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U.S. Indicts Borno Govt. Over Use Of Child Soldiers

Despite efforts by Nigeria’s central government to combat human trafficking and servitude, the Borno State government in the country’s north east, plagued by Boko Haram insurgency, actively supported the recruitment of child soldiers in the last one year, the United States government has said in its latest report on human trafficking.

The report, released Monday, praised the Nigerian government for its efforts at fighting trafficking and ranked Nigeria in its Tier two category – the same rating the country received in 2014.

The report however criticised the Borno government headed by Governor Kashim Shettima for supporting a group involved with the recruitment and use of child soldiers in the fight against Boko Haram insurgency.

It noted that although Mr. Kashim had “warned the CJTF that the recruitment and use of child soldiers was prohibited”, “state government support for the group continued”.

Civilian Joint Task Force, CJTF, is a local vigilante group assisting the Nigerian military in the fight against Boko Haram.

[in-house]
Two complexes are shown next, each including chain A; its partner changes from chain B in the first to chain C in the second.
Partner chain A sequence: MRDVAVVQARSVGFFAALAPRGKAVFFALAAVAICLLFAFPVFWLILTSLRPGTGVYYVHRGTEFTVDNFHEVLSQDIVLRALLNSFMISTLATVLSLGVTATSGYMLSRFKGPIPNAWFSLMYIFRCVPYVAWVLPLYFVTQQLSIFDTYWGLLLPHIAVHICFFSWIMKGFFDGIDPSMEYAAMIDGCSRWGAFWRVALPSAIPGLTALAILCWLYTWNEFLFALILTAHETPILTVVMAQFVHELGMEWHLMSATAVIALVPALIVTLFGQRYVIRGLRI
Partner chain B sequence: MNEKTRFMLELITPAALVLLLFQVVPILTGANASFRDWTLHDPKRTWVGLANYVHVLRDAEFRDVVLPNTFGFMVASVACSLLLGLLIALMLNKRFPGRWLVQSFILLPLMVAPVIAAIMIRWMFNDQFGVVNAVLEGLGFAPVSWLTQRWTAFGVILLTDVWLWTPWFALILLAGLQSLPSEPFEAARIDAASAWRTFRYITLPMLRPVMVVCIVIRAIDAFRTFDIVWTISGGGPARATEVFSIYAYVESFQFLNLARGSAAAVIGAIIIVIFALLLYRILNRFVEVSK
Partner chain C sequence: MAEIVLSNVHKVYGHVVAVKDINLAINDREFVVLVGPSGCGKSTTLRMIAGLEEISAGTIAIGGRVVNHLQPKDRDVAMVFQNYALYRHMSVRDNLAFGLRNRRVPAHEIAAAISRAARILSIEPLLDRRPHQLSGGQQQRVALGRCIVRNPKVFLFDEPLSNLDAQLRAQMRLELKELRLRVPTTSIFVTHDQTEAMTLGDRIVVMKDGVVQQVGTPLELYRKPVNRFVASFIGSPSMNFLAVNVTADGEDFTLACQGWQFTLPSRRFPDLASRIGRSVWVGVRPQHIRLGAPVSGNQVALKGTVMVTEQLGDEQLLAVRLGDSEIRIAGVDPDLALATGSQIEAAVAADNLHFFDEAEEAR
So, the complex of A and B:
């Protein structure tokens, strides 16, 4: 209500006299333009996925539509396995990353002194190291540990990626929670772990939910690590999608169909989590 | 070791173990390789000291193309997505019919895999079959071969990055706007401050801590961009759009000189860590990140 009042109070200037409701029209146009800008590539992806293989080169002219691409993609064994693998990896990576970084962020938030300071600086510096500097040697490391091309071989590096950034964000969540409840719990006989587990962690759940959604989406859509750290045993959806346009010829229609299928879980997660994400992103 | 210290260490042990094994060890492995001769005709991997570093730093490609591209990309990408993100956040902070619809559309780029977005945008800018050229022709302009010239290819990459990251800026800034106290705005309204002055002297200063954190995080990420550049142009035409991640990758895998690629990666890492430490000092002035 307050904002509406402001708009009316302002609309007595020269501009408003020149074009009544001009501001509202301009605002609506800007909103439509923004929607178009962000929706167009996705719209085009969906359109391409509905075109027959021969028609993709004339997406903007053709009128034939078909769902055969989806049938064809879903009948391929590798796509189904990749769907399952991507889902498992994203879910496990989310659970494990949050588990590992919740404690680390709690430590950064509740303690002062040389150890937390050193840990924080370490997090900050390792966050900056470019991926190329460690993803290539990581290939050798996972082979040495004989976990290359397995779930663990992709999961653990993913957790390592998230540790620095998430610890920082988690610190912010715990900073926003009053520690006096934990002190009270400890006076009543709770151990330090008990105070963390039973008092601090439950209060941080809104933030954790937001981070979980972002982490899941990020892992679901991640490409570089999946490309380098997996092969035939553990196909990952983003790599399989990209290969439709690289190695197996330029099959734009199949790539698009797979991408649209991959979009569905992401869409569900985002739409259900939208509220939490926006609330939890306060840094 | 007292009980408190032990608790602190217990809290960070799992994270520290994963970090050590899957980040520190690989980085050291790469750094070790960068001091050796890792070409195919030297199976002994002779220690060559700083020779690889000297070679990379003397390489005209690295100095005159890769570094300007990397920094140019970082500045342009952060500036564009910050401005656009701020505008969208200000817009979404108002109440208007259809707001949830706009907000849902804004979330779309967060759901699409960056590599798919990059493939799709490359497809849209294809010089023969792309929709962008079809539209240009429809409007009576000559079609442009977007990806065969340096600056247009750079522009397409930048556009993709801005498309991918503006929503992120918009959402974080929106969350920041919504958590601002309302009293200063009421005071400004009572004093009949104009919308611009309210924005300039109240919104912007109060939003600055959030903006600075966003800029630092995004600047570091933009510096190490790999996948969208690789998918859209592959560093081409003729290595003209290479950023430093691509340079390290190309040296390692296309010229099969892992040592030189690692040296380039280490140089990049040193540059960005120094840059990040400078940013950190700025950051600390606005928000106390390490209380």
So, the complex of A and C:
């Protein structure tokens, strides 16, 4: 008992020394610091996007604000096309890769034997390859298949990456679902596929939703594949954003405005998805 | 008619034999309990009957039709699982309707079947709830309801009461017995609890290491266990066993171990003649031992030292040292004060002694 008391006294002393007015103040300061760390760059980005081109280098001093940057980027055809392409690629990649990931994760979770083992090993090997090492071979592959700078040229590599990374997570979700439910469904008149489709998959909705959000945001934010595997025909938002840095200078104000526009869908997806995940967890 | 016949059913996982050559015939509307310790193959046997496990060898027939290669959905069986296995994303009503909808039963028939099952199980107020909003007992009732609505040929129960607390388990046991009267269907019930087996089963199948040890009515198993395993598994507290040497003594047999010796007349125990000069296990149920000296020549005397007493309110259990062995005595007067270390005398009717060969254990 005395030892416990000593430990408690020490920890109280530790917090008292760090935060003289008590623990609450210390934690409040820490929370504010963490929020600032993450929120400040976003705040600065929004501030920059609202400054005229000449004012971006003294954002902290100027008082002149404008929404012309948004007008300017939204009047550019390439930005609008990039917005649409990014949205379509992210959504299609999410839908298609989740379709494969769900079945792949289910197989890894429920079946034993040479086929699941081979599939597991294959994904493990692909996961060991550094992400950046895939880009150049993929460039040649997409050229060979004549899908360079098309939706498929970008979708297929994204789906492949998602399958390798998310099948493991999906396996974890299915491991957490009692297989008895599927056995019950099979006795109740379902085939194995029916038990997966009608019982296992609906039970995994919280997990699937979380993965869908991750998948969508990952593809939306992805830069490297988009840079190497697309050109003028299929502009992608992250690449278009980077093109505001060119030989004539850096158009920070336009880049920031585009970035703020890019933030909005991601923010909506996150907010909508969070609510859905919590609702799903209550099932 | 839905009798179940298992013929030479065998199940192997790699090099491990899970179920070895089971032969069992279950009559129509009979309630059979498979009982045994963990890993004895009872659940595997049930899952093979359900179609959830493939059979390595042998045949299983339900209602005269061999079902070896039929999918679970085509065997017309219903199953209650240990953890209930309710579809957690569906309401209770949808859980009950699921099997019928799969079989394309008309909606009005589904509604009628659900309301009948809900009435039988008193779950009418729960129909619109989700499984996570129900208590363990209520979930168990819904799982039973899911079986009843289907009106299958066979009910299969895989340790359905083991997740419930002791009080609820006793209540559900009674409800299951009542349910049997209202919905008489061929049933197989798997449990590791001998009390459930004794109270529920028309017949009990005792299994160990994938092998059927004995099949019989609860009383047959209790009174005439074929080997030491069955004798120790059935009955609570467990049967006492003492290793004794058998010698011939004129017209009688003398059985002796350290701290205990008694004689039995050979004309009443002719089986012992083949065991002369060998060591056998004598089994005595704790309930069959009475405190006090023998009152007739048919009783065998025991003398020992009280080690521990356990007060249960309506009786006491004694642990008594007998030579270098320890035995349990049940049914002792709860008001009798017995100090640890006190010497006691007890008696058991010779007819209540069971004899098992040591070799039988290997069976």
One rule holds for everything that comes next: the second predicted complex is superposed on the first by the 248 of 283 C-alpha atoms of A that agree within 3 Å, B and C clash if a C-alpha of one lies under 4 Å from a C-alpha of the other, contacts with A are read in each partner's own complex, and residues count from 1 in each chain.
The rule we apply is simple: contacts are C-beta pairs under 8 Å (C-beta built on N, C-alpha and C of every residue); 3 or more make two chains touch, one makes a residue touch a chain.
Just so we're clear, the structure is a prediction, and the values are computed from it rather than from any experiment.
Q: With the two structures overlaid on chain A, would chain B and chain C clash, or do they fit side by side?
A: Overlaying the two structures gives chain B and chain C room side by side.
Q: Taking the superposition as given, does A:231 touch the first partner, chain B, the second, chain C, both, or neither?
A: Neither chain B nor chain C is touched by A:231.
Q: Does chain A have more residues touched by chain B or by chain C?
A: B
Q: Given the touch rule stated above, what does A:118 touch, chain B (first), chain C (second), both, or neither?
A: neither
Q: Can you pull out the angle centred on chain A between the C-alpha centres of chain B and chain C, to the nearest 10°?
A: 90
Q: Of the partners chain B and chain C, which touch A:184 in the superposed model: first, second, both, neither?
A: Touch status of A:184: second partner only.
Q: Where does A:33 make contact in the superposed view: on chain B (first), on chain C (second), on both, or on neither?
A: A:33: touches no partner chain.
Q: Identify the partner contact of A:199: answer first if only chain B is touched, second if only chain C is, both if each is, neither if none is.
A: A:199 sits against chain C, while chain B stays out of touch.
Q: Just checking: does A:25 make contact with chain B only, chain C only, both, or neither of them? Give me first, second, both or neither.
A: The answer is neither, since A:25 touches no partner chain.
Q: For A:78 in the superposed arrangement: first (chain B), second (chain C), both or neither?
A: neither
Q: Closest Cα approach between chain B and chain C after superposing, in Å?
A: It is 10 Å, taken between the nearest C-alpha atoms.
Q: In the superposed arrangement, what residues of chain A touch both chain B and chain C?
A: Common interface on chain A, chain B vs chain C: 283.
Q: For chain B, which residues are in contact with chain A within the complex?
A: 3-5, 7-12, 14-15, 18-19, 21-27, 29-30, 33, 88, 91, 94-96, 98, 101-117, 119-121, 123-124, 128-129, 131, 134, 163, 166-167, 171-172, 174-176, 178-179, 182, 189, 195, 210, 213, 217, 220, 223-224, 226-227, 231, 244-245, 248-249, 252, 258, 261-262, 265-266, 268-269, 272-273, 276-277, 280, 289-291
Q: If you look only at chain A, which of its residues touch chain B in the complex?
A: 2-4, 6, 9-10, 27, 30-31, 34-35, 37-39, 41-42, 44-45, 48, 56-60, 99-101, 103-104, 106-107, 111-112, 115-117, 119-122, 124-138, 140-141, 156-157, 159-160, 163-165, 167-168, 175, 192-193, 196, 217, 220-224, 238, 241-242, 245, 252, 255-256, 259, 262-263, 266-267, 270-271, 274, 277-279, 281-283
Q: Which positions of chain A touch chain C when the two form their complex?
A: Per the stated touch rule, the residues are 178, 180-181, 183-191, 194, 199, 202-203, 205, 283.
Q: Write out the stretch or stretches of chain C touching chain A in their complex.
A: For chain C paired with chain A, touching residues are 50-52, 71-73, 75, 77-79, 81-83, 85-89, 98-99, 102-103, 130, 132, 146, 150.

Mr. Shettima was on President Muhammadu Buhari’s entourage to the U.S. last week, and attended talks between President Buhari, U.S. President Barack Obama and secretary of states, John Kerry.

The Department of States, which authored the trafficking report, said while Nigeria remains a main hub for trafficking in persons internally and externally, the government in the last one year continued to take stringent steps to curtail the menace.

“Nigeria is a source, transit, and destination country for women and children subjected to forced labor and sex trafficking. Nigerian trafficking victims are recruited from rural and, to a lesser extent, urban areas: women and girls for domestic servitude and sex trafficking and boys for forced labor in street vending, domestic service, mining, stone quarrying, agriculture, textiles manufacturing, and begging,” the report noted.

“Young boys in Koranic schools, commonly known as Almajiri children, are subjected to forced begging. Nigerian women and children are taken from Nigeria to other West and Central African countries, as well as to South Africa, where they are exploited for the same purposes.

Nigerian women and girls are subjected to forced prostitution throughout Europe. Nigerian women and children are also recruited and transported to destinations in North Africa, the Middle East, and Central Asia, where they are held captive in the sex trade or in forced labor.”

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